After the First Death

After the First Death Lawrence Block weaves his spell in this suspenseful tale of a man haunted by murders he hopes he hasn t committed It was all too frighteningly familiar For the second time in his life Alex Penn wakes

  • Title: After the First Death
  • Author: Lawrence Block
  • ISBN: 9780743445078
  • Page: 421
  • Format: Paperback
  • Lawrence Block weaves his spell in this suspenseful tale of a man haunted by murders he hopes he hasn t committed It was all too frighteningly familiar For the second time in his life, Alex Penn wakes up in an alcoholic daze in a cheap hotel room off Times Square and finds himself lying next to the savagely mutilated body of a young woman After the first death, heLawrence Block weaves his spell in this suspenseful tale of a man haunted by murders he hopes he hasn t committed It was all too frighteningly familiar For the second time in his life, Alex Penn wakes up in an alcoholic daze in a cheap hotel room off Times Square and finds himself lying next to the savagely mutilated body of a young woman After the first death, he was convicted of murder and imprisoned, then released on a technicality But this time he has to find out what happened during the blackout and why before the police do.

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    About "Lawrence Block"

    1. Lawrence Block

      Lawrence Block has been writing crime, mystery, and suspense fiction for than half a century He has published in excess oh, wretched excess of 100 books, and no end of short stories.Born in Buffalo, N.Y LB attended Antioch College, but left before completing his studies school authorities advised him that they felt he d be happier elsewhere, and he thought this was remarkably perceptive of them.His earliest work, published pseudonymously in the late 1950s, was mostly in the field of midcentury erotica, an apprenticeship he shared with Donald E Westlake and Robert Silverberg The first time Lawrence Block s name appeared in print was when his short story You Can t Lose was published in the February 1958 issue of Manhunt The first book published under his own name was Mona 1961 it was reissued several times over the years, once as Sweet Slow Death In 2005 it became the first offering from Hard Case Crime, and bore for the first time LB s original title, Grifter s Game is best known for his series characters, including cop turned private investigator Matthew Scudder, gentleman burglar Bernie Rhodenbarr, globe trotting insomniac Evan Tanner, and introspective assassin Keller.Because one name is never enough, LB has also published under pseudonyms including Jill Emerson, John Warren Wells, Lesley Evans, and Anne Campbell Clarke s magazine appearances include American Heritage, Redbook, Playboy, Linn s Stamp News, Cosmopolitan, GQ, and The New York Times His monthly instructional column ran in Writer s Digest for 14 years, and led to a string of books for writers, including the classics Telling Lies for Fun Profit and The Liar s Bible He has also written episodic television Tilt and the Wong Kar wai film, My Blueberry Nights.Several of LB s books have been filmed The latest, A Walk Among the Tombstones, stars Liam Neeson as Matthew Scudder and is scheduled for release in September, 2014 is a Grand Master of Mystery Writers of America, and a past president of MWA and the Private Eye Writers of America He has won the Edgar and Shamus awards four times each, and the Japanese Maltese Falcon award twice, as well as the Nero Wolfe and Philip Marlowe awards, a Lifetime Achievement Award from the Private Eye Writers of America, and the Diamond Dagger for Life Achievement from the Crime Writers Association UK He s also been honored with the Gumshoe Lifetime Achievement Award from Mystery Ink magazine and the Edward D Hoch Memorial Golden Derringer for Lifetime Achievement in the short story In France, he has been proclaimed a Grand Maitre du Roman Noir and has twice been awarded the Societe 813 trophy He has been a guest of honor at Bouchercon and at book fairs and mystery festivals in France, Germany, Australia, Italy, New Zealand, Spain and Taiwan As if that were not enough, he was also presented with the key to the city of Muncie, Indiana But as soon as he left, they changed the locks LB and his wife Lynne are enthusiastic New Yorkers and relentless world travelers the two are members of the Travelers Century Club, and have visited around 160 countries.He is a modest and humble fellow, although you would never guess as much from this biographical note.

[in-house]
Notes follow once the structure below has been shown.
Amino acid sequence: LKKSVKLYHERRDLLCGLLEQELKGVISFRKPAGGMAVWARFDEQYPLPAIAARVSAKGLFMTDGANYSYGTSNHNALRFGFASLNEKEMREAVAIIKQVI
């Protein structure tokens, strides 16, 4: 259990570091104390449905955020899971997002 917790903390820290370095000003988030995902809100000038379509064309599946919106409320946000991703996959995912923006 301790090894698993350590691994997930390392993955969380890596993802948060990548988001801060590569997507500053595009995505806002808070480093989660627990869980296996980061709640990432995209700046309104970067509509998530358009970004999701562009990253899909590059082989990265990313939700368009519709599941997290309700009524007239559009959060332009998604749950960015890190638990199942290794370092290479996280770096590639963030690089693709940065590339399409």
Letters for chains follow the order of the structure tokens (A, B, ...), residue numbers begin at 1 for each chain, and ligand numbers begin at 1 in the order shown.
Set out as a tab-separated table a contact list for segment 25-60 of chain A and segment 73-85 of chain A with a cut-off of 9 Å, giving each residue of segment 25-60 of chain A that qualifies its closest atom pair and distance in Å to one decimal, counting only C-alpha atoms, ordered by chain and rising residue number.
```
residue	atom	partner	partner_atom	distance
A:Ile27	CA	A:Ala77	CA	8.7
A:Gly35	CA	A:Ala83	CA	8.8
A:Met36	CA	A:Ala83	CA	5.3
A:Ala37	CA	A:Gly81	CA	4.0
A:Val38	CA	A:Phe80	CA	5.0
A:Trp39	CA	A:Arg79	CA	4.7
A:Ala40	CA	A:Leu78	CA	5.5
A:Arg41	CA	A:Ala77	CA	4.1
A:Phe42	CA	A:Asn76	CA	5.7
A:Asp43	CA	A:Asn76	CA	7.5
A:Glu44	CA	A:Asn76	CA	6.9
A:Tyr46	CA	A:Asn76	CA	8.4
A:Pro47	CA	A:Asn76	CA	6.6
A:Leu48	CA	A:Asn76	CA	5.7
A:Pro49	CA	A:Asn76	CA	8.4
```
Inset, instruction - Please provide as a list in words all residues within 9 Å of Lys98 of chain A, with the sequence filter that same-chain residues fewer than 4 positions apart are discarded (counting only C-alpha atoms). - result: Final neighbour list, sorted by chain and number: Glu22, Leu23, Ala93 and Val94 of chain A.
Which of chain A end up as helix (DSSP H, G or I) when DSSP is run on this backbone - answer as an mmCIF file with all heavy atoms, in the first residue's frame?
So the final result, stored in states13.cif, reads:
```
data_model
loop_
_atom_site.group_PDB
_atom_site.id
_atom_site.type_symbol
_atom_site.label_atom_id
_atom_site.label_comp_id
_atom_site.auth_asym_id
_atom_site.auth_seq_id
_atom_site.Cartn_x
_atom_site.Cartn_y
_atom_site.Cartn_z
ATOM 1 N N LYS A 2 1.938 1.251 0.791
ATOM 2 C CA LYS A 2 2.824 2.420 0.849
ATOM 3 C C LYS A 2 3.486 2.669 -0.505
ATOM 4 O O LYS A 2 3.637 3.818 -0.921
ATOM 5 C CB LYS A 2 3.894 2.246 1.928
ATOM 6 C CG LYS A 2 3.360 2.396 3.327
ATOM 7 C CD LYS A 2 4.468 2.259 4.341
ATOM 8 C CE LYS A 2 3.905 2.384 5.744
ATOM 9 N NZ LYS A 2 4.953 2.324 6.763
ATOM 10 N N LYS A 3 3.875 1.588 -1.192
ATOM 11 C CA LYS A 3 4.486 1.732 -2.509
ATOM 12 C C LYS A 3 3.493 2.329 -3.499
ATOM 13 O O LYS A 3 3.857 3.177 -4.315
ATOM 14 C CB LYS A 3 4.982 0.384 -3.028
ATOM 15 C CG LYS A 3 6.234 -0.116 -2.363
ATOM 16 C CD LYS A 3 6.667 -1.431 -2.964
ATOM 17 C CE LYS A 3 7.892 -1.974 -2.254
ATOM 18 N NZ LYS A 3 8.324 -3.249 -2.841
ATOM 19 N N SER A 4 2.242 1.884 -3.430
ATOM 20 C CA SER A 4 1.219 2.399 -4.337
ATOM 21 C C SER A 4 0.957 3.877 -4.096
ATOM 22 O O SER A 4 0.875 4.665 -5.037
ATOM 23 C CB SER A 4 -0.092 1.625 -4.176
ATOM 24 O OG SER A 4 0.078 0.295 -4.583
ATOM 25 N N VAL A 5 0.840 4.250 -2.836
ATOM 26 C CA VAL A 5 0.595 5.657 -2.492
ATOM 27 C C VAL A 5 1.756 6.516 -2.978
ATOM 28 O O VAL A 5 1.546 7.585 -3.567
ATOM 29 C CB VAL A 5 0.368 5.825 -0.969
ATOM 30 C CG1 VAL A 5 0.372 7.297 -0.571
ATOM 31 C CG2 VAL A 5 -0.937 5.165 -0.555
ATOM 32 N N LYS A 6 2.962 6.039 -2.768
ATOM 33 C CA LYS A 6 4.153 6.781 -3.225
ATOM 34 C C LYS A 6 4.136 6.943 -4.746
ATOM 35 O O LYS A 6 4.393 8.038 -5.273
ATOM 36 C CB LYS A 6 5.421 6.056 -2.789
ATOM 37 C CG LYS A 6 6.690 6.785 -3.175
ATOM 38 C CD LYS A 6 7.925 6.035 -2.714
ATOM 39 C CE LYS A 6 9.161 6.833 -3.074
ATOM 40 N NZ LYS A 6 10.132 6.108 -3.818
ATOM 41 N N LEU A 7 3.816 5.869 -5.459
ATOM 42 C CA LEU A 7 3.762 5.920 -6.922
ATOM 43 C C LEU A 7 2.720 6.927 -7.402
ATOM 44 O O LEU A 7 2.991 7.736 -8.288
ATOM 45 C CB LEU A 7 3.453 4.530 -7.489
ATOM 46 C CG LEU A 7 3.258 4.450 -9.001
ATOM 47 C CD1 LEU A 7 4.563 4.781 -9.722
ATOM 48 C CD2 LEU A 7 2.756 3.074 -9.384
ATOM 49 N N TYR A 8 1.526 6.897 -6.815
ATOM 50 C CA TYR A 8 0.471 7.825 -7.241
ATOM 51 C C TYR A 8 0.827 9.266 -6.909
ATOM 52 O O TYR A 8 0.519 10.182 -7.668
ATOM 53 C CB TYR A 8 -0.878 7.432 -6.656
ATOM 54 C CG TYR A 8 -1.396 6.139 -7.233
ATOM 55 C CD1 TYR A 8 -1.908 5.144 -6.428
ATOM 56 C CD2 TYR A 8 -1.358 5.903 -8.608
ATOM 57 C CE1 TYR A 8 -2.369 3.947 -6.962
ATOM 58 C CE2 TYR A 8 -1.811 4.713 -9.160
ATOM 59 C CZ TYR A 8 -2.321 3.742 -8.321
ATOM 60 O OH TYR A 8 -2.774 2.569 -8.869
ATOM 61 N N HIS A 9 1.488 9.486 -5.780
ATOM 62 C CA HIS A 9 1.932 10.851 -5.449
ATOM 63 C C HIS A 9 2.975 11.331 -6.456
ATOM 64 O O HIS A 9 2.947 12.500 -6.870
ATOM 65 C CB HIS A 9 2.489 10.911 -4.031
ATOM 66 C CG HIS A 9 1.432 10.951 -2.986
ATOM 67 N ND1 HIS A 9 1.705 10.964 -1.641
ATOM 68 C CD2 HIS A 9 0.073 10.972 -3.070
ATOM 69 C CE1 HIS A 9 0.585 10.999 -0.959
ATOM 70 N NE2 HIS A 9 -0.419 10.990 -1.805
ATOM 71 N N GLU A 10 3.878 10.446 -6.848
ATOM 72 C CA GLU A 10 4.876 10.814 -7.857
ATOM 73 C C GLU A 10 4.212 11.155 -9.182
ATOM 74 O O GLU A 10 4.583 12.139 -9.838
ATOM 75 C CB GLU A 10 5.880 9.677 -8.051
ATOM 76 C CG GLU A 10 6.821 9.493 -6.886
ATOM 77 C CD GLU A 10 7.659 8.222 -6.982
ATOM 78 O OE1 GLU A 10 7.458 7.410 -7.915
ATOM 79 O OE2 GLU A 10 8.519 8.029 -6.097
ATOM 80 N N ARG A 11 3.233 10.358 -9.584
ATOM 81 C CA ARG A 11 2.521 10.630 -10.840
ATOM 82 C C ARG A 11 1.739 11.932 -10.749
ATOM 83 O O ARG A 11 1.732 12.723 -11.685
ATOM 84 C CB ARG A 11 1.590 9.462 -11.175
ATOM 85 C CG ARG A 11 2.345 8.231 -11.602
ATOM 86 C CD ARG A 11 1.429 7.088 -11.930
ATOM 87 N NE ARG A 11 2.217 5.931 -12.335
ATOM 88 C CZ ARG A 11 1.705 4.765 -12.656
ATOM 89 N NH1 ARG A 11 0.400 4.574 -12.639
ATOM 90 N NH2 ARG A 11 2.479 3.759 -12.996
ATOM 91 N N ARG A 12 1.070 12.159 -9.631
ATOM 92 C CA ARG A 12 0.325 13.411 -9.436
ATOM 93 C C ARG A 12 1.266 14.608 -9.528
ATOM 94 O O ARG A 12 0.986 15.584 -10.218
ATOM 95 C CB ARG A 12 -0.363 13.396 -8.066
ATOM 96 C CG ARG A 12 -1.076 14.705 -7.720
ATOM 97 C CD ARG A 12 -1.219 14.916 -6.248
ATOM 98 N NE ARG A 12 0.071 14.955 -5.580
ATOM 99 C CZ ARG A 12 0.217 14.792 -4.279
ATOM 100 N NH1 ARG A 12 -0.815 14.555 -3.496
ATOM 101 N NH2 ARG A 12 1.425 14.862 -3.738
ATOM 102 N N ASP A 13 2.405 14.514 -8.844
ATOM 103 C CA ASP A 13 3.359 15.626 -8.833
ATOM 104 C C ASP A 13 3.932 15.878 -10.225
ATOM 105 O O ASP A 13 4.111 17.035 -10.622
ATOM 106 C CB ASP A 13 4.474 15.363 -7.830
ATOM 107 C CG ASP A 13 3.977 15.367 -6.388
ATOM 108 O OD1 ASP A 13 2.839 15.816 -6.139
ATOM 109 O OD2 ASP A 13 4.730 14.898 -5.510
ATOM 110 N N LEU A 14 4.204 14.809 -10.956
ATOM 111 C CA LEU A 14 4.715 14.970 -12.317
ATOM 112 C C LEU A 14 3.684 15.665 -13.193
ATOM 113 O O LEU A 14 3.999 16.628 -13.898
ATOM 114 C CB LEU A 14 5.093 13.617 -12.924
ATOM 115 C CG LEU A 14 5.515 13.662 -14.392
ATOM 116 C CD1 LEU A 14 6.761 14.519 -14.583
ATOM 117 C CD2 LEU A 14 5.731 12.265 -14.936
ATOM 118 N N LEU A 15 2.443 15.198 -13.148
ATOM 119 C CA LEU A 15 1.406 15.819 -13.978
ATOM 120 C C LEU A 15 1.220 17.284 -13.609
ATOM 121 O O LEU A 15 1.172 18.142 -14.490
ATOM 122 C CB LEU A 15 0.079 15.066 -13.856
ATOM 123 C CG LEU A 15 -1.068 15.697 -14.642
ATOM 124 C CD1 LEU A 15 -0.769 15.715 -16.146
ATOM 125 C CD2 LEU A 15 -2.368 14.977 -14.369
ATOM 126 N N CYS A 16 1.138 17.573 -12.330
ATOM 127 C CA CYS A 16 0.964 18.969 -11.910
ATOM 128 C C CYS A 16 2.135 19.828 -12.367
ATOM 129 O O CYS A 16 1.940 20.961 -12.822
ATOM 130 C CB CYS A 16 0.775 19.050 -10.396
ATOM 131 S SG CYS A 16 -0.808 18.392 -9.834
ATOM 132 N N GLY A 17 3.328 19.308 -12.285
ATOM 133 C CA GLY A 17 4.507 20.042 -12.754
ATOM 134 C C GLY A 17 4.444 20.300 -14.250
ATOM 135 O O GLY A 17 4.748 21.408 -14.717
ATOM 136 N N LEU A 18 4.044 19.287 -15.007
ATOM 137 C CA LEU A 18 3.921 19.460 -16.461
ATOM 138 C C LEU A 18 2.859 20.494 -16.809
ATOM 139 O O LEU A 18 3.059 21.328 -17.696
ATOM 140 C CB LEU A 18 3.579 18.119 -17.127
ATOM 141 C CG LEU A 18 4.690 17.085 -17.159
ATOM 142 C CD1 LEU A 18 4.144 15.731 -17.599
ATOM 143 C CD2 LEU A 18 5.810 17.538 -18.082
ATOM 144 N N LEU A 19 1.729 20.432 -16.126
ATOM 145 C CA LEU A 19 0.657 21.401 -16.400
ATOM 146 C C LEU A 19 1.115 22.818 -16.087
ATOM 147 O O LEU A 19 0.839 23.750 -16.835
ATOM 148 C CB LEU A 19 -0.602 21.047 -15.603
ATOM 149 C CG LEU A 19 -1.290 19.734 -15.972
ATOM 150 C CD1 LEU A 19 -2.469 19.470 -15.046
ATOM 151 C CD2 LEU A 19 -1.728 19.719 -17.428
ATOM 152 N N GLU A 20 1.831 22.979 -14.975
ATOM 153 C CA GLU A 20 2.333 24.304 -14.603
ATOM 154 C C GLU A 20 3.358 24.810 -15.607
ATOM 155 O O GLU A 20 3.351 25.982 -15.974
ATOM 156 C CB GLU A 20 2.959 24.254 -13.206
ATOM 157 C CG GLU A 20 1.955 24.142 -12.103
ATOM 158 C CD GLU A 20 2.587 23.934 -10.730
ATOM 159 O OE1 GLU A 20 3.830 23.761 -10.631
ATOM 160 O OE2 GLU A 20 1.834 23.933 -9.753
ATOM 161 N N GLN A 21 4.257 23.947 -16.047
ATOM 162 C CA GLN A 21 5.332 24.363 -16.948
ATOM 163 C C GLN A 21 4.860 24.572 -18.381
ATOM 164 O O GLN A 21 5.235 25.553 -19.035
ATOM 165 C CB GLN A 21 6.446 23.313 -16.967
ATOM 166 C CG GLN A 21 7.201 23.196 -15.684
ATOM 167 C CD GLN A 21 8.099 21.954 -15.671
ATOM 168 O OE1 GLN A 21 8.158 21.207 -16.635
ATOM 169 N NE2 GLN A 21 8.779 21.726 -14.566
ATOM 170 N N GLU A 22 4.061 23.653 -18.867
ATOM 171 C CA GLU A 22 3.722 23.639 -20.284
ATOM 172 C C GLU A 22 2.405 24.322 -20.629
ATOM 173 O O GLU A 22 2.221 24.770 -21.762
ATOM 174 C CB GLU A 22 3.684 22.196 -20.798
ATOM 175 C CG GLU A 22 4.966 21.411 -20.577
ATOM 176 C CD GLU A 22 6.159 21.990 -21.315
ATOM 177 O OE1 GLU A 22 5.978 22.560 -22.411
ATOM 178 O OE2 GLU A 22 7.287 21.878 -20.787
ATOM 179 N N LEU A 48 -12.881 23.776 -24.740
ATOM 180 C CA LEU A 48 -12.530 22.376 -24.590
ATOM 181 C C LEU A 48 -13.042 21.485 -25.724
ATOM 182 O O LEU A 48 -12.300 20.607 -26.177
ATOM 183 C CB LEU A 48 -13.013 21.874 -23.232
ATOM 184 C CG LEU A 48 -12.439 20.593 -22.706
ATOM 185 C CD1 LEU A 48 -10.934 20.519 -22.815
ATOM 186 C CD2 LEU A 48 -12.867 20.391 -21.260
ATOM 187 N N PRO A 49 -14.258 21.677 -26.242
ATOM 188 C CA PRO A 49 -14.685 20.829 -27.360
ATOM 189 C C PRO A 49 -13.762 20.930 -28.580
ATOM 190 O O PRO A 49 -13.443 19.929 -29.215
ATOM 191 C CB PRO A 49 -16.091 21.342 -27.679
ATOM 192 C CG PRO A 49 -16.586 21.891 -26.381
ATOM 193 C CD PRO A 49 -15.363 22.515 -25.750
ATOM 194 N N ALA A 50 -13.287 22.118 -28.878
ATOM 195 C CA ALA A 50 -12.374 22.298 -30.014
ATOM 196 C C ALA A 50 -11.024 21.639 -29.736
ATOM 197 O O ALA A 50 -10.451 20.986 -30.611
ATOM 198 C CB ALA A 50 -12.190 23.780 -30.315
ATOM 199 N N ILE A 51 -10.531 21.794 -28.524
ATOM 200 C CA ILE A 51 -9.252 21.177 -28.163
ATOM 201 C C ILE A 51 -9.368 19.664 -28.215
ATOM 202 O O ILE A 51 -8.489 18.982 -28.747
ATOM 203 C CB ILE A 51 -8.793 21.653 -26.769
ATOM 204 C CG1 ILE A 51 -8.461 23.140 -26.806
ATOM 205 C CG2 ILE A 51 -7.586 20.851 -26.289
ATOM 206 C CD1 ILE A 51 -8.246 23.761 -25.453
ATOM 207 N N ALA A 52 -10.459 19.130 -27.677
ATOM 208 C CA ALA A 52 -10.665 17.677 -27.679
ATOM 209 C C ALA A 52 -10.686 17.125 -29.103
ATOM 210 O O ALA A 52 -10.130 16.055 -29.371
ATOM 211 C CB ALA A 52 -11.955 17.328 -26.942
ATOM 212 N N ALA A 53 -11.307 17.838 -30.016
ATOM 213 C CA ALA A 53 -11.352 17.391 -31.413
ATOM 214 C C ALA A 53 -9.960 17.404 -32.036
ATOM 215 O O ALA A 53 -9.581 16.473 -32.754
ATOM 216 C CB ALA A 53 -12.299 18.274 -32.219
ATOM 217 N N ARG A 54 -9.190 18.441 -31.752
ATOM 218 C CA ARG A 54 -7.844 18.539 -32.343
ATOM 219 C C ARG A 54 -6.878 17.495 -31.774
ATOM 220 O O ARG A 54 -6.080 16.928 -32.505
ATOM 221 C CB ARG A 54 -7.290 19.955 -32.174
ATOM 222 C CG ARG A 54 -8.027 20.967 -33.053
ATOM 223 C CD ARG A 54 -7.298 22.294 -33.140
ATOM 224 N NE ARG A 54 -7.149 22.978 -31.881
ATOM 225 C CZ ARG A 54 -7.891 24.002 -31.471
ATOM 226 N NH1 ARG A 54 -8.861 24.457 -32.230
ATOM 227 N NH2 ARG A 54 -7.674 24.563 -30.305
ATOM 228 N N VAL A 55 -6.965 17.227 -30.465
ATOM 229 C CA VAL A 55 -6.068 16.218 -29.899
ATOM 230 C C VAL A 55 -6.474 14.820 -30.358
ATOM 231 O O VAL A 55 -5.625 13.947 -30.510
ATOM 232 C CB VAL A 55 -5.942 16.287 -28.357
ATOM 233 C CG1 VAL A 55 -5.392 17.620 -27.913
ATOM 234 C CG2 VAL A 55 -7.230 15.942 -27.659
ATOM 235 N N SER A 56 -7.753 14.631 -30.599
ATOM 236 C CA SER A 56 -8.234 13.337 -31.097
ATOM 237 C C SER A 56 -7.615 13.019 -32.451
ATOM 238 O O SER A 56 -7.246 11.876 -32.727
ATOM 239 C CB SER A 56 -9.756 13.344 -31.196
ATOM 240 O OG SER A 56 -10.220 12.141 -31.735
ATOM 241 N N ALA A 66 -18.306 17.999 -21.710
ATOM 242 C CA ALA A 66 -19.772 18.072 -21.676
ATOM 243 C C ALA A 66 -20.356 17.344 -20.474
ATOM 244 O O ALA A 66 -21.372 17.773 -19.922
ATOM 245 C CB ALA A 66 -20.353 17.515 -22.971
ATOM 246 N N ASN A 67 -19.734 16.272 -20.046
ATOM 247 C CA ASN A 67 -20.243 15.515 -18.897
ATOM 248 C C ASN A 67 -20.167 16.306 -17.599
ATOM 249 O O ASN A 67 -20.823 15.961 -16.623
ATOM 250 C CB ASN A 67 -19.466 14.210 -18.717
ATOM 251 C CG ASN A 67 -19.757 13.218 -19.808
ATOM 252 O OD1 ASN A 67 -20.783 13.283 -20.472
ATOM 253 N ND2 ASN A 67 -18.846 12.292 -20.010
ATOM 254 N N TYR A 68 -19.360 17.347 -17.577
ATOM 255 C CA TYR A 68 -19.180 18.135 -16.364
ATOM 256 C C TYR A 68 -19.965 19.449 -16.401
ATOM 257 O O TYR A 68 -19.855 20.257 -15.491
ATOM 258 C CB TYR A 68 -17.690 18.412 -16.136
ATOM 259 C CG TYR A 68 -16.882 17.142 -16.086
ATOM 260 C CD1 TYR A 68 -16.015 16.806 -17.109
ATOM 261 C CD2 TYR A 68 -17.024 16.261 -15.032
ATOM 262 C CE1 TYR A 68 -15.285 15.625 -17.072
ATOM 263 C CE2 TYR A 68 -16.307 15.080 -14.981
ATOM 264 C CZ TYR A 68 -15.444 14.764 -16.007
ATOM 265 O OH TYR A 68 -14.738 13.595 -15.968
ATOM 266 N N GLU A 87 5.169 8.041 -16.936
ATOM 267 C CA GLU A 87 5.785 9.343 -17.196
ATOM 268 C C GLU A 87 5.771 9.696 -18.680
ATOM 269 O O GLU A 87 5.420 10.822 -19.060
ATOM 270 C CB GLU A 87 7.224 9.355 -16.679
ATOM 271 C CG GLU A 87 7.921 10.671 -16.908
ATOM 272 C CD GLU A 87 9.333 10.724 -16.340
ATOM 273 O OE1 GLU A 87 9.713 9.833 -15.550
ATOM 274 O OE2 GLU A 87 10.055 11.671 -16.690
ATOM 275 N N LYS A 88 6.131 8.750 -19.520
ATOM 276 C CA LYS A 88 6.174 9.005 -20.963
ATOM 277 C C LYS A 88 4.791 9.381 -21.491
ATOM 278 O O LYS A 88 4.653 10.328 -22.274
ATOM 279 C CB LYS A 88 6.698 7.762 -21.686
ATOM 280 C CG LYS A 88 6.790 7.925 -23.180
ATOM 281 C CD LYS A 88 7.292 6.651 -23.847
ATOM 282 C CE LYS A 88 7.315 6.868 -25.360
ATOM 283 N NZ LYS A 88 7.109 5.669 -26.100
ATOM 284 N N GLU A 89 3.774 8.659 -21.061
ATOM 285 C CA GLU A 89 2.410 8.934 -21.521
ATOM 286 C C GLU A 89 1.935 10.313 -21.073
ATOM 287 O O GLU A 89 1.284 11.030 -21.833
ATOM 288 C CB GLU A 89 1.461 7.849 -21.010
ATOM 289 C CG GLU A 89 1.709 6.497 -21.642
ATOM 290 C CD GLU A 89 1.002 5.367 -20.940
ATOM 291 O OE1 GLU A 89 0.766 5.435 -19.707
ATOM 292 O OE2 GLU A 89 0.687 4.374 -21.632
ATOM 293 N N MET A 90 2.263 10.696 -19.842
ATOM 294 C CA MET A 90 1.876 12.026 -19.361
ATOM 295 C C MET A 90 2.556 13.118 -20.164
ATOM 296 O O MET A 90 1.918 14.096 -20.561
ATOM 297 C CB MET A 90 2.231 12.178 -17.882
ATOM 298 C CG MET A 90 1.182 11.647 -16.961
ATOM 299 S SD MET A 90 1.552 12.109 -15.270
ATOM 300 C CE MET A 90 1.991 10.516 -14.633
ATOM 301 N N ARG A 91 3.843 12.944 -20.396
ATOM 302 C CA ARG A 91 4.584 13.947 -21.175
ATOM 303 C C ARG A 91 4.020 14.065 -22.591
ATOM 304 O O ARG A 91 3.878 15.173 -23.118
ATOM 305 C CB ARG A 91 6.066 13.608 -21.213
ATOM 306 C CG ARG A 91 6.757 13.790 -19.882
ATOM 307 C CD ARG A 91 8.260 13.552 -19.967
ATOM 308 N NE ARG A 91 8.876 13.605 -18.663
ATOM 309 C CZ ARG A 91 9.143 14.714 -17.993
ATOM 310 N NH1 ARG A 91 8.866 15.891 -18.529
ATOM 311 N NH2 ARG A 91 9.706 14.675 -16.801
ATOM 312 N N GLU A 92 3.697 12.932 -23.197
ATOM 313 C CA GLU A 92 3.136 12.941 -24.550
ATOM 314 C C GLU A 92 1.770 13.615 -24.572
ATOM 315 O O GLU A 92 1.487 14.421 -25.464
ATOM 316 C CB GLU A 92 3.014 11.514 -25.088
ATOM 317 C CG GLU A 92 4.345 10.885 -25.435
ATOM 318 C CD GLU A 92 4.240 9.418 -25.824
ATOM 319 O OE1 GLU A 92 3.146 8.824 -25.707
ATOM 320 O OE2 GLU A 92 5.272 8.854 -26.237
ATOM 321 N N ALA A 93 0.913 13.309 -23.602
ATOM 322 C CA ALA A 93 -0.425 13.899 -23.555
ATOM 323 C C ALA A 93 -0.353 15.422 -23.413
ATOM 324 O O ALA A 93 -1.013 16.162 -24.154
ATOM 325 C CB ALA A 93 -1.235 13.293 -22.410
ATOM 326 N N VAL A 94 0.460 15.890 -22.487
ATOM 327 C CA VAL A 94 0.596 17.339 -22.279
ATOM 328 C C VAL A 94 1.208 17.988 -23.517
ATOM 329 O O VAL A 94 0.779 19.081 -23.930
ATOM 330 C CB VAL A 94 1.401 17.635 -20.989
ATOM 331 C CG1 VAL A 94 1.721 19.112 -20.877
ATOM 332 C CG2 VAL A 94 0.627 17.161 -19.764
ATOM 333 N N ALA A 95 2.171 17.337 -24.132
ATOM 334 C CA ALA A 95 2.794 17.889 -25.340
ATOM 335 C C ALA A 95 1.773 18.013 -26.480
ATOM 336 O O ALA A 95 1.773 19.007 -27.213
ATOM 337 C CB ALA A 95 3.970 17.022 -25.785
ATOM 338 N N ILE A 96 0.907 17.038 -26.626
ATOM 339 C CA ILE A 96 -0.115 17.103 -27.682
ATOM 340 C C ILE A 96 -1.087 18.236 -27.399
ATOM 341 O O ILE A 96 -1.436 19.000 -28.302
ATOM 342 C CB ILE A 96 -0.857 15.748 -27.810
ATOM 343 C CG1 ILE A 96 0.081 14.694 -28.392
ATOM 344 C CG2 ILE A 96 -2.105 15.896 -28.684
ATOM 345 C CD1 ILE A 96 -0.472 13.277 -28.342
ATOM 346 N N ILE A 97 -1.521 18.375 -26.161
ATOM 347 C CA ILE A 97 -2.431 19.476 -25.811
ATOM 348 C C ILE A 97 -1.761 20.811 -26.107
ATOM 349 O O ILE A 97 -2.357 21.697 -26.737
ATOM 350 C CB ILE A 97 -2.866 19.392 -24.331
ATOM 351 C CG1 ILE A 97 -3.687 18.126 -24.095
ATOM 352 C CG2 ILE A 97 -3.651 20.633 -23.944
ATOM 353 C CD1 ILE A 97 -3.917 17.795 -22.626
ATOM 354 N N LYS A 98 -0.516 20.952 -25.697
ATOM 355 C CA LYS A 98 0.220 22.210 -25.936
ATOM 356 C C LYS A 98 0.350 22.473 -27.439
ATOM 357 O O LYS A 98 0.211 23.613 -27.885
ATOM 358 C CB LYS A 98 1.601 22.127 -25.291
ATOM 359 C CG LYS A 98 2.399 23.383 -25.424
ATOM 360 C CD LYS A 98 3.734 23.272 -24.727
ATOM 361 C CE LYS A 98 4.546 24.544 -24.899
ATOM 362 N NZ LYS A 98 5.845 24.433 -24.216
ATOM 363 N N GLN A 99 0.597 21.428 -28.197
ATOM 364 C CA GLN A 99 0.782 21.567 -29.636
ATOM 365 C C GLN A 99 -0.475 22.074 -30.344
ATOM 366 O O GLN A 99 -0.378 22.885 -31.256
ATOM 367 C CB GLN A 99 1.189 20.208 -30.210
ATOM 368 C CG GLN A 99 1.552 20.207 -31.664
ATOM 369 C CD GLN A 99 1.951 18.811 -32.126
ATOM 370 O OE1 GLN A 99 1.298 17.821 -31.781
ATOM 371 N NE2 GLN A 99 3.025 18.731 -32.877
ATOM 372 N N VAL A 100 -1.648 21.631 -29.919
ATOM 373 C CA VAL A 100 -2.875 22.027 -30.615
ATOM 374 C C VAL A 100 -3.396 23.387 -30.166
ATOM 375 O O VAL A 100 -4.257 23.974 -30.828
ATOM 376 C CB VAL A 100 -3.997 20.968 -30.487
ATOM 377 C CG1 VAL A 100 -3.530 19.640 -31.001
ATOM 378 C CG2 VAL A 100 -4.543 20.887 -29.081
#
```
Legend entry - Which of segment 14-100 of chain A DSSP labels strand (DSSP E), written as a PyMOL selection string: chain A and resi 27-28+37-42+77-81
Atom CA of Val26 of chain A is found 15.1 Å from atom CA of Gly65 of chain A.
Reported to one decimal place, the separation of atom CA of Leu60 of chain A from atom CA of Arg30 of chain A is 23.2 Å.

282 thoughts on “After the First Death”

    1. Alex Penn is having a terrible, horrible, no good, very bad day. He wakes up painfully hungover, coming out of a blackout drunk. When he finally gets out of bed, he discovers his clothes are all messed up, covered in blood it would seem and, just when he thinks things might have been looking up (not having a nosebleed counts as a win in these circumstances), he turns his head. In what I assume is an homage to the words of Julius Caesar: "I looked, I saw, I vomited." Sorry Alexander, Penn's got y [...]